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Geography, climate and population
The Kingdom of Bahrain is a group of islands located off the central southern shores of the Persian Gulf. The archipelago comprises 40 islands, with a total land area of about 710 km2 (Table 1). The largest of these is Bahrain Island where the capital city, Manama, is situated. Bahrain Island accounts for nearly 85 percent of the total area of the country. Next largest is the southern archipelago called Hawar (50 km2), not far from the coast of Qatar, followed by the desert island of Umm Nasan (19 km2), the populous Muharraq Island (18 km2) connected by causeways to Bahrain, and finally Sitra (10 km2), a mainly industrial island also connected to Bahrain by causeways. The remaining small islands, islets and coral reefs make up the rest of the land mass (around 1.5 percent).
Bahrain is low lying. Limestone bedrock slopes rise gently towards the roughly central peak of Jebel Dukhan, with its highest point at 137 meters above sea level. Land use varies greatly, from extensive urban development and diligently cultivated areas in the north, to sandy wastes spreading south, east and west from Jebel Dukhan. Here there are true desert conditions with only sparse tough desert plants growing among the barren limestone rimrock and sands of varying depth.
Bahrain has an arid to extremely arid environment. According to the aridity criteria used, Bahrain has been regarded as arid or hyperarid as a result of the very great variations in climatic conditions (Elagib and Abdu, 1996). The country is characterized by high temperatures, erratic and often scanty rainfall, high evapotranspiration rates (with peaks of over 10 mm/day in July) and high humidity levels due to the surrounding Gulf waters.
Temperature averages from 17 °C in winter (December-March) to 35 °C in summer (June-September). The rainy season runs from November to April, with an annual average of 83 mm, sufficient only to support the most drought resistant desert vegetation. Mean annual relative humidity is over 67 percent. The annual average potential evaporation is 2 099 mm (Al-Noaimi, 2005).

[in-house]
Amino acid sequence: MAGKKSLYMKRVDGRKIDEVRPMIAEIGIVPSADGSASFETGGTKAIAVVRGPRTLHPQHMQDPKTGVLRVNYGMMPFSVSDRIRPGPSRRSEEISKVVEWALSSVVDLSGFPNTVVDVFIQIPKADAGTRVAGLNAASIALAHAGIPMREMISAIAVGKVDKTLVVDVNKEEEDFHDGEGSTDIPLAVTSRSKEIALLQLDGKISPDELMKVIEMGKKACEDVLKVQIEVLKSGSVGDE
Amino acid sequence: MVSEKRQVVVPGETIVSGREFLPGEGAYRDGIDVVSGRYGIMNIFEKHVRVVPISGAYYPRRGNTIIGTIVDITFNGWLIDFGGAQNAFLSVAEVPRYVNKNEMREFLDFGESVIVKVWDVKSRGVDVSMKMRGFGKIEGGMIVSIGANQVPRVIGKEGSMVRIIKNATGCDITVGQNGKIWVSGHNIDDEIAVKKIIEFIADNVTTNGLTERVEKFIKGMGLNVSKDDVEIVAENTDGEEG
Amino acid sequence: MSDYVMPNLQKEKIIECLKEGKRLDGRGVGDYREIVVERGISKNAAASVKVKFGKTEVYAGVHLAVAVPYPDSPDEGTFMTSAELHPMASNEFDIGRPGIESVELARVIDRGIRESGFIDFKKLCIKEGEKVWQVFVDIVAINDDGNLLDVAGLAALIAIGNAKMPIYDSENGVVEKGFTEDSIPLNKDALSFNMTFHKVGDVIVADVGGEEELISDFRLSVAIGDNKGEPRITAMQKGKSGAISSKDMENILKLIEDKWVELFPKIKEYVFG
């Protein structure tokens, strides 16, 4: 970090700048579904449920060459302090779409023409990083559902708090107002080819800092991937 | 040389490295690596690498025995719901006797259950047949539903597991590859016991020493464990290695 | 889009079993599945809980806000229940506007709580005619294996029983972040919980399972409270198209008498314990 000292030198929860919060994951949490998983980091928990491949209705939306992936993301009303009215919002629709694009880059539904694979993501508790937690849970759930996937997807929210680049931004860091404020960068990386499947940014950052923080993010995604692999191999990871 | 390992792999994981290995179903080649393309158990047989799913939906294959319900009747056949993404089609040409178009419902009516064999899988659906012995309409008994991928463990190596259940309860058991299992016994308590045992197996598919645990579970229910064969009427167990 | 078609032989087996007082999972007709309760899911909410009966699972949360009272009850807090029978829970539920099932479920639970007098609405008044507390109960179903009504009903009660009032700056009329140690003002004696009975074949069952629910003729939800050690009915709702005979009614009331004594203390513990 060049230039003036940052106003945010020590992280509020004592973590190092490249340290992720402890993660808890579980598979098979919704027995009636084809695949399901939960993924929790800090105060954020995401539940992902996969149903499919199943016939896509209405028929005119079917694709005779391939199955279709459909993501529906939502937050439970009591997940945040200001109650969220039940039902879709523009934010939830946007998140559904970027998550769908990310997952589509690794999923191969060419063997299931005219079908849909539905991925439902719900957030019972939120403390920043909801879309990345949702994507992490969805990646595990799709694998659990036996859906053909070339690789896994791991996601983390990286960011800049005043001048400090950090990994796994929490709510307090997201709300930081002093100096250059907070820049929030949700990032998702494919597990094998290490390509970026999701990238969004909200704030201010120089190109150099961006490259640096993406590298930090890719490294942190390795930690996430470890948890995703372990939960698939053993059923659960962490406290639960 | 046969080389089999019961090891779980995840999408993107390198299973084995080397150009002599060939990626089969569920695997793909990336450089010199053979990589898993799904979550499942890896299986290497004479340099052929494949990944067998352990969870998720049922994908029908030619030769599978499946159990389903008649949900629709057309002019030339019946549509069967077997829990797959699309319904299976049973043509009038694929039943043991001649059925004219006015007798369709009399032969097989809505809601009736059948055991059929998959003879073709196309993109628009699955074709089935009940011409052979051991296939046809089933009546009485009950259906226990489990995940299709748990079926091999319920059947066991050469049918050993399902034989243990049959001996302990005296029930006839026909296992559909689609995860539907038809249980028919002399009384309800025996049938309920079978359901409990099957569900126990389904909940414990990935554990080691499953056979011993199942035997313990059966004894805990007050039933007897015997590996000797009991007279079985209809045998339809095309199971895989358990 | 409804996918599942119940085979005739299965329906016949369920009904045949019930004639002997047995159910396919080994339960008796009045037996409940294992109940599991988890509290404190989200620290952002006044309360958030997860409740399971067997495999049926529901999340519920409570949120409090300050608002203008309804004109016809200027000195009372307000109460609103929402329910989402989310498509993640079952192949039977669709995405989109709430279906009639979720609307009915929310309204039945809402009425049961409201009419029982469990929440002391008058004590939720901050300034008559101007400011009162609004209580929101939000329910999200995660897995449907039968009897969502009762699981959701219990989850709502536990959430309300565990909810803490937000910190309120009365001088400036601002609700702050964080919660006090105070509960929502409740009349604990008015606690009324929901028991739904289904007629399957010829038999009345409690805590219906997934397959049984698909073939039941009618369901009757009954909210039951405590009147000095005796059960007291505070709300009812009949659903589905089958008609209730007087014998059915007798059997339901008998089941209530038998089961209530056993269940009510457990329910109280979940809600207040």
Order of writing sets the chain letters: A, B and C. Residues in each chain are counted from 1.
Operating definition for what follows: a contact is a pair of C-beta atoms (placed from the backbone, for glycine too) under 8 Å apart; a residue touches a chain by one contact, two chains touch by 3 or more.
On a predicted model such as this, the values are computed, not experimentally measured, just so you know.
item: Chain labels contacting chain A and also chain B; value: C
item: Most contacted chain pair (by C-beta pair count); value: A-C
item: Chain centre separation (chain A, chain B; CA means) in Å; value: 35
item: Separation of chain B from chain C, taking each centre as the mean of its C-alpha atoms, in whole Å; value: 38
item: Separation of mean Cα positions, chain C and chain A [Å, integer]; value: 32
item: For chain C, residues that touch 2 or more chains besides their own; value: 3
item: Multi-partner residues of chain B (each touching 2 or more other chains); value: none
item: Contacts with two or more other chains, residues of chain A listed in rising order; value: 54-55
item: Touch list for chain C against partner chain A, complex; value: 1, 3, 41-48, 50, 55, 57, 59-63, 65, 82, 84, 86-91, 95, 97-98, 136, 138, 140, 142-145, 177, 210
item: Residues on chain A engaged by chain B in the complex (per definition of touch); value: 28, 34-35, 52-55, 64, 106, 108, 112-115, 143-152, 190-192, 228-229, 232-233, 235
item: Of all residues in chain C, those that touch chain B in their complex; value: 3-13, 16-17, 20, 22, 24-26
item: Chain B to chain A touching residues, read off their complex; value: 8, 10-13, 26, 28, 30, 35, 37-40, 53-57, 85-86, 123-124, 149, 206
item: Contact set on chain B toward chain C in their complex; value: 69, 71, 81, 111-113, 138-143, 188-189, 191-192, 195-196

Total population is 727 000 (2005), of which around 10 percent is rural (Table 1). With a population density of 1 024 inhabitants/km2, Bahrain is one of the world’s most densely populated countries. It has experienced high rates of population growth and urbanization since the early 1960s following the sudden increase in the country’s oil revenues, leading to a fast increase in its economic base and an improvement in the standard of living. The average annual demographic growth rate was 4 percent during the period 1980-1991 but this has dropped to 2.5 percent during the last 10 years. The water supply and sanitation coverage are 100 percent in urban areas. The total economically active population is 353 000 (2005), of which 77 percent are men and 23 percent women. Only 3 000 people work in agriculture.
Urban development at the expense of agricultural land has caused a significant loss of traditionally agricultural areas. Furthermore, soil salinization resulting from deterioration in the quality of the groundwater used in irrigation has led to a general reduction of cultivated land. In 2005, the total cultivated area was estimated at 6 000 ha, or 8 percent of the total area of the country, of which around 95 percent was equipped for irrigation. This area is mainly used for growing date palms, alfalfa and vegetables (FAO, 2002).